There are few quicker ways to ostracize yourself than by consorting with rats. Rats are cannibals. They are incestuous. They caused the Black Death. In 19th-century England, the popular sport of rat baiting involved betting how fast a dog could kill a group of them. Yet in the world of fiction, women sometimes exhibit a strange attraction to insecure, rat-loving men. The film Willard features a deranged young man who turns to rats for comfort; as he converses with his rat pals, he soon loses any mental stability he once had. Yet somehow Willard (actor Crispin Glover at his creepiest) sparks the interest of a beautiful coworker, played by former Miss USA Laura Harring. Likewise, in the acclaimed Japanese manga series Fruits Basket, the introverted, asthmatic but androgynously hot high schooler Yuki Sohma—nicknamed Prince Charming—has a fawning fan club of girls who obey strict rules dictating how to interact with their idol. Unfortunately for his devotees, Yuki is under a curse that causes him to transform into a rat whenever he has physical contact with a member of the opposite sex.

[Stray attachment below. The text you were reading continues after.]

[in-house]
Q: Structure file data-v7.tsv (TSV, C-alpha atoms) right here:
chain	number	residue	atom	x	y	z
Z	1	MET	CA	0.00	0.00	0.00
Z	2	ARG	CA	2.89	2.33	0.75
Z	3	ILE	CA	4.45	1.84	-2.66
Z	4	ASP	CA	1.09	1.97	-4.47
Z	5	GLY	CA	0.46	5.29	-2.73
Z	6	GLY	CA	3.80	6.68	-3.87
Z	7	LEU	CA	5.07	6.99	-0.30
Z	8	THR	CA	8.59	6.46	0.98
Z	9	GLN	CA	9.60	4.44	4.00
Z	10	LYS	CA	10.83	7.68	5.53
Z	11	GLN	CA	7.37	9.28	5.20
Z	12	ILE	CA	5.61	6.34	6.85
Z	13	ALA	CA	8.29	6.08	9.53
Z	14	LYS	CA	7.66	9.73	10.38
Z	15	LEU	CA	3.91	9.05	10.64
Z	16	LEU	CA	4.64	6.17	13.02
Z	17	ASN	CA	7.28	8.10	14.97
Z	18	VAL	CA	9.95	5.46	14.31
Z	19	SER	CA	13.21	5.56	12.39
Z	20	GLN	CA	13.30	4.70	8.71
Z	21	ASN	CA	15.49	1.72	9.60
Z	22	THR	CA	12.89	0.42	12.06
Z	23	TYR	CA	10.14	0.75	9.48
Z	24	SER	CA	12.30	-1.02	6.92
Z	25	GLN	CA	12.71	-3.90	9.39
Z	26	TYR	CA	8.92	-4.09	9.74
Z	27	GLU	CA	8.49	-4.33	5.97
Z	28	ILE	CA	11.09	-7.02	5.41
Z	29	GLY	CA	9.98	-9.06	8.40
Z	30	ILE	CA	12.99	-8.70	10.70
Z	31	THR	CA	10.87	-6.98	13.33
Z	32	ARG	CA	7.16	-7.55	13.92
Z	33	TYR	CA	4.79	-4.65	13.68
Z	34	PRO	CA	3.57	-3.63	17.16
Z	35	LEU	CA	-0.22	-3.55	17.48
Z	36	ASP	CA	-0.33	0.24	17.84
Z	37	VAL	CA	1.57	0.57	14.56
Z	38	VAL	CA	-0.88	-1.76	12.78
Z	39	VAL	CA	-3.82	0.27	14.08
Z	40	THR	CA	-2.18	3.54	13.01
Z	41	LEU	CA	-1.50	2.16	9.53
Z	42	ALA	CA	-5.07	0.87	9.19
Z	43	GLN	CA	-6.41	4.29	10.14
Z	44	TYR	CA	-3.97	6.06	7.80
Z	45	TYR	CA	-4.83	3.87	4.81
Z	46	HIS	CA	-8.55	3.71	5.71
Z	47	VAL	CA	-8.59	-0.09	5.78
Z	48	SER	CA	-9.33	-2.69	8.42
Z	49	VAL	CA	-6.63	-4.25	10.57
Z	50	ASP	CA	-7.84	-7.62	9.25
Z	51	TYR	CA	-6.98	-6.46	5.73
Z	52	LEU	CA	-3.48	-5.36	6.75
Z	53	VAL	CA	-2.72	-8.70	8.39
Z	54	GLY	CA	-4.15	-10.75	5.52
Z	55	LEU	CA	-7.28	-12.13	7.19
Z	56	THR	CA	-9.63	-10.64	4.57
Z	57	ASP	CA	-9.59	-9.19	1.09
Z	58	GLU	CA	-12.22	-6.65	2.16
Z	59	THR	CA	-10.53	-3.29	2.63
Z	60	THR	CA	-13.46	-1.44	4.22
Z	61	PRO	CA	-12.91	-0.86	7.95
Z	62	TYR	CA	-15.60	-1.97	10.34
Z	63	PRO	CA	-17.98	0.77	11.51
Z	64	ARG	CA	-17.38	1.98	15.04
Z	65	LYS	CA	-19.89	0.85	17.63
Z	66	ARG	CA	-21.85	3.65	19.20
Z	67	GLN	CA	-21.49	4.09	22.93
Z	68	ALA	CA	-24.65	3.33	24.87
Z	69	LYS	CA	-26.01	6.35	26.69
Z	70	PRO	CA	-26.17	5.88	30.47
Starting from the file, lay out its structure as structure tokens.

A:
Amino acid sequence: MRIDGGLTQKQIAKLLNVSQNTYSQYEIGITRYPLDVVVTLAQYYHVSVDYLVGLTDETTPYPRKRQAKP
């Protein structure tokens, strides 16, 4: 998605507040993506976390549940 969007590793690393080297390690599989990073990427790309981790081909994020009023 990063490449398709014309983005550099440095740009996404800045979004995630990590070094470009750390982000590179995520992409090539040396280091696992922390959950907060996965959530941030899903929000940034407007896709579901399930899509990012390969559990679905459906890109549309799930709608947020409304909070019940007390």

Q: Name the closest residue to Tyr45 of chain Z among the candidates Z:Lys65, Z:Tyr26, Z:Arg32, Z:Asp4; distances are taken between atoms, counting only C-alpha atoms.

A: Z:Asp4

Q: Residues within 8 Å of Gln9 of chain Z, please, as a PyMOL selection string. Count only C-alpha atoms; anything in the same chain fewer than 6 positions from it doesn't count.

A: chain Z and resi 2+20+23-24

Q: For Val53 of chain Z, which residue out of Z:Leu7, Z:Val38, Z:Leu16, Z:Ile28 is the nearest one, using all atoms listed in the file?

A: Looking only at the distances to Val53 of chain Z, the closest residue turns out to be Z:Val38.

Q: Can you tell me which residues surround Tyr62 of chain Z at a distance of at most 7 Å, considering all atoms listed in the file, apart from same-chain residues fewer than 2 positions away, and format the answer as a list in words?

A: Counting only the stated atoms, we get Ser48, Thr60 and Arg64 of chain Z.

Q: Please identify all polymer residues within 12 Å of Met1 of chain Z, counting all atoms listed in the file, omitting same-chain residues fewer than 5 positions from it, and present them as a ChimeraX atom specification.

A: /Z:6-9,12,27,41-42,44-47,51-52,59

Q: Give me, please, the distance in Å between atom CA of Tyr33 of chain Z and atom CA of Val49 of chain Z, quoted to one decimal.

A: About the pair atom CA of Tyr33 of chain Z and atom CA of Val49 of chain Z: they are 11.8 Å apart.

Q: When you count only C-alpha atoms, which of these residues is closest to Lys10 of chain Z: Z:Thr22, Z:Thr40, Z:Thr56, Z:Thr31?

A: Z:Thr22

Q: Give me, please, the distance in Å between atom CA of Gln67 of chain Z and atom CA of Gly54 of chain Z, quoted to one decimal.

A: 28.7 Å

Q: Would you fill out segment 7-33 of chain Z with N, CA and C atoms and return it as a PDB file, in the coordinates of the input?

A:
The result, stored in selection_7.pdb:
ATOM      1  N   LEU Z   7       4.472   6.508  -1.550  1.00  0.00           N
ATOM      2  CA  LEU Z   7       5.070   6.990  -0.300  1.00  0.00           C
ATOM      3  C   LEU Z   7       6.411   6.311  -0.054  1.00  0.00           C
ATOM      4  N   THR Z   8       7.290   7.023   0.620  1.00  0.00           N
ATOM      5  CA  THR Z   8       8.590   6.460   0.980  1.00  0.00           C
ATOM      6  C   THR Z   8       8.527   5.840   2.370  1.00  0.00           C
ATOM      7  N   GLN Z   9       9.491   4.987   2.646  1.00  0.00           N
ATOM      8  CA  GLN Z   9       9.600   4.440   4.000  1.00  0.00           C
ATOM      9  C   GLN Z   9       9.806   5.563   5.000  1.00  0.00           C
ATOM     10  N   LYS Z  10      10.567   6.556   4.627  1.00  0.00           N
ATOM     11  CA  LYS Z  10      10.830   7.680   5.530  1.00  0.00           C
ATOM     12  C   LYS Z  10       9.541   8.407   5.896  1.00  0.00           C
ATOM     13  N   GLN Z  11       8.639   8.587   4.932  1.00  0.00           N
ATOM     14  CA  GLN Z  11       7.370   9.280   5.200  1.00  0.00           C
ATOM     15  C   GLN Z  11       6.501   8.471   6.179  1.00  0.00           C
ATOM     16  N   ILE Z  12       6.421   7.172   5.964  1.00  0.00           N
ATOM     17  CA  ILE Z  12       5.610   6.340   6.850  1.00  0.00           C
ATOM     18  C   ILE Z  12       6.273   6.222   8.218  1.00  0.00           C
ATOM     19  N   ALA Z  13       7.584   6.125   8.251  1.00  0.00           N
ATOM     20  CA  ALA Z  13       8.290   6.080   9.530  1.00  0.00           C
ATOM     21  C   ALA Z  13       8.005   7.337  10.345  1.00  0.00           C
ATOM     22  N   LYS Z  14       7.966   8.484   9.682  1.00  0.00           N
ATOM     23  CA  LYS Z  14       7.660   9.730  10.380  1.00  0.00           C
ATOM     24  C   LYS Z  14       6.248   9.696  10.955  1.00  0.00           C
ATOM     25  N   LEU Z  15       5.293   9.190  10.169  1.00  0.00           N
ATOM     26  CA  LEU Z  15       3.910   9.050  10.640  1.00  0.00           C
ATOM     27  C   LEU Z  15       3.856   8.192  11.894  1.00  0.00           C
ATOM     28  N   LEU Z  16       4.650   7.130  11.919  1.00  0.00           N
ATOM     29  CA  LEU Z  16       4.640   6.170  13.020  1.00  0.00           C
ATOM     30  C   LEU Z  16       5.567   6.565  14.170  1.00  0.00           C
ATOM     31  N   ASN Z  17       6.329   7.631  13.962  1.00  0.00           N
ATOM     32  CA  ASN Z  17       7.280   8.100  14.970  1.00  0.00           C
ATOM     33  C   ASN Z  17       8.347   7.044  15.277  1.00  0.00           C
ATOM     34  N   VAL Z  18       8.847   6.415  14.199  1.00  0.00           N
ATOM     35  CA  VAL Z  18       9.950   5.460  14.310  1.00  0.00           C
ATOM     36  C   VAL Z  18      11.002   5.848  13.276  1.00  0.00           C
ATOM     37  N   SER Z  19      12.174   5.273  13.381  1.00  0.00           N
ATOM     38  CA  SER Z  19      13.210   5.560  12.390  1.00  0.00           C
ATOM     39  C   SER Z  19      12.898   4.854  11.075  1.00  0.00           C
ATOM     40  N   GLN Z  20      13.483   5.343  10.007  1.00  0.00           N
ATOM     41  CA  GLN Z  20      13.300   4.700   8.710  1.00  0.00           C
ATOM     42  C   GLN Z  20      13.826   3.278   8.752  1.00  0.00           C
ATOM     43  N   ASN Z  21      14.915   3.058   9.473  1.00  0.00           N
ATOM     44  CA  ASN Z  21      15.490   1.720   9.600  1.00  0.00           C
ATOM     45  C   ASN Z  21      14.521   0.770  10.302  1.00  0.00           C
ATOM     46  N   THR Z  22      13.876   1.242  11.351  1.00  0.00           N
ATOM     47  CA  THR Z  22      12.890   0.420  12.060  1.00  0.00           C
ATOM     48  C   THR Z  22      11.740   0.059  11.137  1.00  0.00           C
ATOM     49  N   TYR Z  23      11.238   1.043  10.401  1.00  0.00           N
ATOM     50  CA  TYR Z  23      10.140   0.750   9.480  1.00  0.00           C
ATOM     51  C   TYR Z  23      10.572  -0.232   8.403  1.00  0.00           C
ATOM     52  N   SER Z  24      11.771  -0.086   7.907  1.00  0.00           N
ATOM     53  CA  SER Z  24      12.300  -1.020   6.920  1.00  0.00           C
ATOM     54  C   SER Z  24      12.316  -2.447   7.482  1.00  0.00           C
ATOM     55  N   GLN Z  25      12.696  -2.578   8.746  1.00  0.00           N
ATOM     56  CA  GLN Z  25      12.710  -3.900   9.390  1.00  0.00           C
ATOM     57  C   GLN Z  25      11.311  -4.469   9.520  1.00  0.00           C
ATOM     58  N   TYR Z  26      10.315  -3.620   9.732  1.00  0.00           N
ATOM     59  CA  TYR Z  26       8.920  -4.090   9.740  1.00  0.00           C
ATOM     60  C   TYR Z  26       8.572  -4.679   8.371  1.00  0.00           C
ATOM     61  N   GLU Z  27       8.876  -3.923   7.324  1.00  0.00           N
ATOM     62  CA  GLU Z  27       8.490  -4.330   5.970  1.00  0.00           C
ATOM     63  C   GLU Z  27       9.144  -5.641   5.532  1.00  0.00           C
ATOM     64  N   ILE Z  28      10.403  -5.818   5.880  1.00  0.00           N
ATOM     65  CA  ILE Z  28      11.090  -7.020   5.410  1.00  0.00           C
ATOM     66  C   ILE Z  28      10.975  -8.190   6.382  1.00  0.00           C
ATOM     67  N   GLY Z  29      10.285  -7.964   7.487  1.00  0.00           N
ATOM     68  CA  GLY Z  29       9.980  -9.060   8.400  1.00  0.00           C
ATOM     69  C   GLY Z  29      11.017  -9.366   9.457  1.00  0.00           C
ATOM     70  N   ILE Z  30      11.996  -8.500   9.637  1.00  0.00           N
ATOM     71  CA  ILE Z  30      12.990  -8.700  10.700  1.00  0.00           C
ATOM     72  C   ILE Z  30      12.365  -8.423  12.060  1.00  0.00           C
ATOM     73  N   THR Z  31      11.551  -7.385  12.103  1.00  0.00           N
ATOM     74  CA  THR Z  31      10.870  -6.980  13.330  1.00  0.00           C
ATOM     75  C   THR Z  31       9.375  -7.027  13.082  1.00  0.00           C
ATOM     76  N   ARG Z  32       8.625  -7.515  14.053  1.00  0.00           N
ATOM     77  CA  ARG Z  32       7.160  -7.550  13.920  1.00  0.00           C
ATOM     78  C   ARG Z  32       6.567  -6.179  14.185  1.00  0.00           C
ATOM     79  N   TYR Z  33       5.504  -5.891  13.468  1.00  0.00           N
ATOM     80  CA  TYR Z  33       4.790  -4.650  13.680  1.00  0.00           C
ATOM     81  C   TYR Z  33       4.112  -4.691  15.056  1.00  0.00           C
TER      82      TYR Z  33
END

According to Indian legend, the sage Karni Mata was asked by a woman to revive her drowned son. She spoke with Yama, the Hindu god of death, but Yama refused to help. Karni Mata decreed her people would no longer suffer under Yama’s power; instead, after death they would be reincarnated as rats. Thousands of sacred rats, or kabas, inhabit the Karni Mata temple in Deshnok. Having a rat scurry across your feet there is considered lucky. Better still is eating food a rat has already sampled.
Rats also mystically connect to humans in the Japanese manga series Fruits Basket, partly based on the story of the Chinese zodiac: The Jade Emperor, the ruler of heaven, decided to hold a banquet for all the animals; the mischievous rat tricked his enemy, the cat, out of attending. As a result, the cat isn’t honored as one of the 12 zodiac animals. In Fruits Basket, each member of the cursed Sohma clan embodies one of these creatures, with the quarrelsome adopted son, Kyo, personifying the cat. His jealousy toward his popular kinsman Yuki, the rat, adds a touch of teen angst to the mythical rivalry.